Cruise diary

Thursday 24th July 2003


Dave writes...

"Morning all. We have been dredging all through the night shift. We will not however know the result until 9:15. We are not even entirely sure that we scraped the sea floor because the tension reading didn’t exceed ~5.2 tonnes of stress.

I was a bit late for duty today as I slept through my alarm. I had to be woken by Tina. Even then it was a struggle getting out of bed.


Updating the ship's log

The morning's dredge was the most productive we've retrieved. There was a lot of basalt, including a large pillow with flow banding and lots of volcanic glass. I’ve just started the afternoon shift, we are just sending down the dredge so it may be up by the end of the shift.

Recently I have been at a bit of a loose end most of the time while on watch. I wanted to be more involved with what was going without being too much of a nuisance. Bram and Andy have caught on to this and have started giving me a bit more to do, which is good because it's a lot more interesting when you are involved and are making a contribution.




Tina writes...

"Another day, another dredge (as Rex puts it). Or almost not a day, for Dave. I had to call him to get him to wake up, poor thing. It’s never a popular job waking someone up at 4:20am. We spent the entire morning shift (the ‘dog watch’, haven’t seen the dog yet) on the dredge. This morning’s efforts were very successful (this provides a big boost to morale), with an enormous piece of pillow lava rock, and about five other types of basalt. Dredging is very patient work, looking for snags on the cable that might indicate where the dredge is picking up pieces from the ocean floor.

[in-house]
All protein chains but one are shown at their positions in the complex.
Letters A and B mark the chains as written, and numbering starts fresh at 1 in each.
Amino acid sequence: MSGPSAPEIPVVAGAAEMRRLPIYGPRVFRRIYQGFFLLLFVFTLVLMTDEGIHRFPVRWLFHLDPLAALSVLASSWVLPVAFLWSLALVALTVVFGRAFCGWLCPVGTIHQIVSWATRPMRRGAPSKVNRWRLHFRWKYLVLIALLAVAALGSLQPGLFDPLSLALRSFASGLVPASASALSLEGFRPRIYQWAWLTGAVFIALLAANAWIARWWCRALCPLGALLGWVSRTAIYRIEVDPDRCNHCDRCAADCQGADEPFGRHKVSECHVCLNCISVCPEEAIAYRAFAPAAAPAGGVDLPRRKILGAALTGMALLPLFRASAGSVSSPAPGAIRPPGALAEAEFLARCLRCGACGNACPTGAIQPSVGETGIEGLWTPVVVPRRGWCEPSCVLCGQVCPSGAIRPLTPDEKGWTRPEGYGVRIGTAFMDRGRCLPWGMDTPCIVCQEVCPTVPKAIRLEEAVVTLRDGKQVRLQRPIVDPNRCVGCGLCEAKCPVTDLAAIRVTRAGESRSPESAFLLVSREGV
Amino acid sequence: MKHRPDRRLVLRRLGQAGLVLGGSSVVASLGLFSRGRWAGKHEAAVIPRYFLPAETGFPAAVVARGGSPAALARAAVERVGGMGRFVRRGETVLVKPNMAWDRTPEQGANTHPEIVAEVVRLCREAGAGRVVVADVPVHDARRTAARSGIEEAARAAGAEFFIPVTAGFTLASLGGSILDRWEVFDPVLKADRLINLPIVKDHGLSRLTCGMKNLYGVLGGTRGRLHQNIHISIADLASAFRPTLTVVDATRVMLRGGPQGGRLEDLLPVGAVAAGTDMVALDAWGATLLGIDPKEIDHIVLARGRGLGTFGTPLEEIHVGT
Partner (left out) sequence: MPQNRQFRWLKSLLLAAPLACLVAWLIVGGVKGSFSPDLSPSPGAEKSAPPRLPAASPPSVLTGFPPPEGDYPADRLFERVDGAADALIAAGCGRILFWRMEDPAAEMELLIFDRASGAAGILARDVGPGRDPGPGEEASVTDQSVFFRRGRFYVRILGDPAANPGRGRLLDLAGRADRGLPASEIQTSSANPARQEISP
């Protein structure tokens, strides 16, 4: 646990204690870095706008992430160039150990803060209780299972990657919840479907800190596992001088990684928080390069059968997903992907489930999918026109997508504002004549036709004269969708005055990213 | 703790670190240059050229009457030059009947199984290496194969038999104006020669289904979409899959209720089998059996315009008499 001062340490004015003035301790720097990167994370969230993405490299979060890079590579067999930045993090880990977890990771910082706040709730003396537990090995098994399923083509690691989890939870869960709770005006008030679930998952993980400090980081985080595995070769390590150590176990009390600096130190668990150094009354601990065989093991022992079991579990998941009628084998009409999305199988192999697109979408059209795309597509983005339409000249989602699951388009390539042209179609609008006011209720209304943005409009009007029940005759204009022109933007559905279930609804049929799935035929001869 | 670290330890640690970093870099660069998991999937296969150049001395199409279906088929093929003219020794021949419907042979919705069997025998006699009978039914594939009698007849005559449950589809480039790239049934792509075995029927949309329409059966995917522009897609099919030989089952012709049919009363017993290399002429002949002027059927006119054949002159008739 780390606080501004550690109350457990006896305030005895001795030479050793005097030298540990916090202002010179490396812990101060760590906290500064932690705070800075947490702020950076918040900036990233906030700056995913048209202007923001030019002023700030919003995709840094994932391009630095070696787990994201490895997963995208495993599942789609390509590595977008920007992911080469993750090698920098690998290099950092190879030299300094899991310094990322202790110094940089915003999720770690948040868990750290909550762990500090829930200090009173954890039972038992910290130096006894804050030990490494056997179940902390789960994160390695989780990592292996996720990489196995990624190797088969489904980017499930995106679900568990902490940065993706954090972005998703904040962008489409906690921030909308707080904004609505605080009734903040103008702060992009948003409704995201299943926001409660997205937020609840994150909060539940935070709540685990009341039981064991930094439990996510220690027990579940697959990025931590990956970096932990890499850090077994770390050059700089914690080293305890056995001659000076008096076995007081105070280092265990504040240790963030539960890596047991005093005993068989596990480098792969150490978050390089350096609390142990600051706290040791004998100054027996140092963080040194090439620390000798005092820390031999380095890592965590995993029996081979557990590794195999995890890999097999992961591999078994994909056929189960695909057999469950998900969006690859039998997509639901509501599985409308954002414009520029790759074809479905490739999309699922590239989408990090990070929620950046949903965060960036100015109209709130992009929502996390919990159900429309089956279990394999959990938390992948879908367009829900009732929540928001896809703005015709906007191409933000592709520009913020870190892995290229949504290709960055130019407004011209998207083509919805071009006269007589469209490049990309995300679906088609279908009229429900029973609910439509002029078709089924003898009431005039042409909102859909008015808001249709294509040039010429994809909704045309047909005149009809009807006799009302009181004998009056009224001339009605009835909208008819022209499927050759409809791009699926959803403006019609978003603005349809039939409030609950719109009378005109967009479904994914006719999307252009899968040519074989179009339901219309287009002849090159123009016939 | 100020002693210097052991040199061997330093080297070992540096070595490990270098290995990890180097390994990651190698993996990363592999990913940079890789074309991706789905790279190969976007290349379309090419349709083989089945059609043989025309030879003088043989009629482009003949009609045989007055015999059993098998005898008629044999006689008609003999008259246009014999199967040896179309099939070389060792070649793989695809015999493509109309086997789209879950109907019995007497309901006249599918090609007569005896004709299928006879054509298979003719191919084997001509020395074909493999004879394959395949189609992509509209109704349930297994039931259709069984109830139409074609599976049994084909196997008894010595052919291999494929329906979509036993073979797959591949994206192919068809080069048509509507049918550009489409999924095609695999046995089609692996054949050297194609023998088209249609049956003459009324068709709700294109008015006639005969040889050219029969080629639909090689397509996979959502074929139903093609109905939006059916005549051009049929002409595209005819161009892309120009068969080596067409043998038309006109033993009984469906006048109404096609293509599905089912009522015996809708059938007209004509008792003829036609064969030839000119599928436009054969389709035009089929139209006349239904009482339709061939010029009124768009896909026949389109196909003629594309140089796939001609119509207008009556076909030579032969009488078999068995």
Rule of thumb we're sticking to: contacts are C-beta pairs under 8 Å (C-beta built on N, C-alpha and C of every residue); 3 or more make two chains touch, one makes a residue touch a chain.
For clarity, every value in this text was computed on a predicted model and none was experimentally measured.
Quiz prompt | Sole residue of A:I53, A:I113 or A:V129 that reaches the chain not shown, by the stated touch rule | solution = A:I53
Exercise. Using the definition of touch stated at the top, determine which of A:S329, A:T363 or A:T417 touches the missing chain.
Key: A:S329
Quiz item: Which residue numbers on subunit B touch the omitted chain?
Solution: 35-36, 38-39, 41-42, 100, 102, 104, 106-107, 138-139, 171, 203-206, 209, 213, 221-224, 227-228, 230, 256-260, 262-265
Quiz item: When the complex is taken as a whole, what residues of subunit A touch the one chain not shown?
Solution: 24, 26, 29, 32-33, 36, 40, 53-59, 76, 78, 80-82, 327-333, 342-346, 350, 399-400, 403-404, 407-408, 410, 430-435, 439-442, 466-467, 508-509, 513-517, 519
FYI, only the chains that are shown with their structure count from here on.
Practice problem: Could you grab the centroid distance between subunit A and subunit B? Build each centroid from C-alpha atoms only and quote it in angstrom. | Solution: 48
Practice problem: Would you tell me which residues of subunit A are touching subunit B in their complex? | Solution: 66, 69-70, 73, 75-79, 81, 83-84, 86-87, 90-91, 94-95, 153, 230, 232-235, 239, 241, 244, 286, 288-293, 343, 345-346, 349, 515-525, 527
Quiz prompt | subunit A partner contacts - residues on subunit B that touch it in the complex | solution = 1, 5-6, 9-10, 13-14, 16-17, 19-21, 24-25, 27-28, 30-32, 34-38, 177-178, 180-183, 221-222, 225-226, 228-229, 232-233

I’m feeling a little under the weather today - all the disrupted sleep is taking a toll. Luckily everyone’s in the same boat (literally) and they are all very supportive when anyone feels tired or ill. Many of the team have done previous cruises so they know the best way to get through the work each day. I have found the best thing is to do as I’m told and then sleep when I’m done! All the emails from people at home (special hellos to Frederique & Nicola) help make things easier. I think you do spend time planning what you’ll do when you get home, and appreciating all the ordinary stuff like being able to go to see a friend, or take a walk, or cook a meal in your own kitchen. The hardest part of the day (for me) is getting up at 3am and making my way down the bunk bed steps without knocking my head on the bathroom cabinet opposite. The best part of the day is after the 4-8pm shift, when I can have a little social time with the rest of the team, watch a film or just chat about the day.

At the moment we are on the second watch of the day (after the chef made us scones with jam and cream, bless him), and we are travelling to the target point for the dredge. We reel out about 3000m of cable, then gradually (using the ping echo sounder strapped 150m above the dredge itself) edge our way to the site we want to sample. This requires a patient man, and Rex (even though he was almost flipped out of his bunk last night and went into freefall as the ship rolled back and forth) is a perfectionist.

Phil: the winch man, studying the cable tension.

The two Captains, Rex and Bram.

We also got to haul the dredge in this time (a large bin-full of wonderful rocks). There were waves breaking over the stern of the ship, with the dark Indian Ocean just visible in the lights of the upper gantry of the A-frame. The dredge came down smoothly on the winch from the frame, and we took a large black bin to empty out the rocks. The 3T weak-link had broken on the chain (the weak link is there to prevent the ship from being dragged back by the dredge if it gets caught to something on the sea floor). There was a variety of fresh basalt, glass and some altered, older rock with a little sedimentation.


Sophie washing and sorting the haul: rocks are loosely classified
and cleaned, then tagged and bagged.

A large lump of pillow lava from the depths of the ocean.



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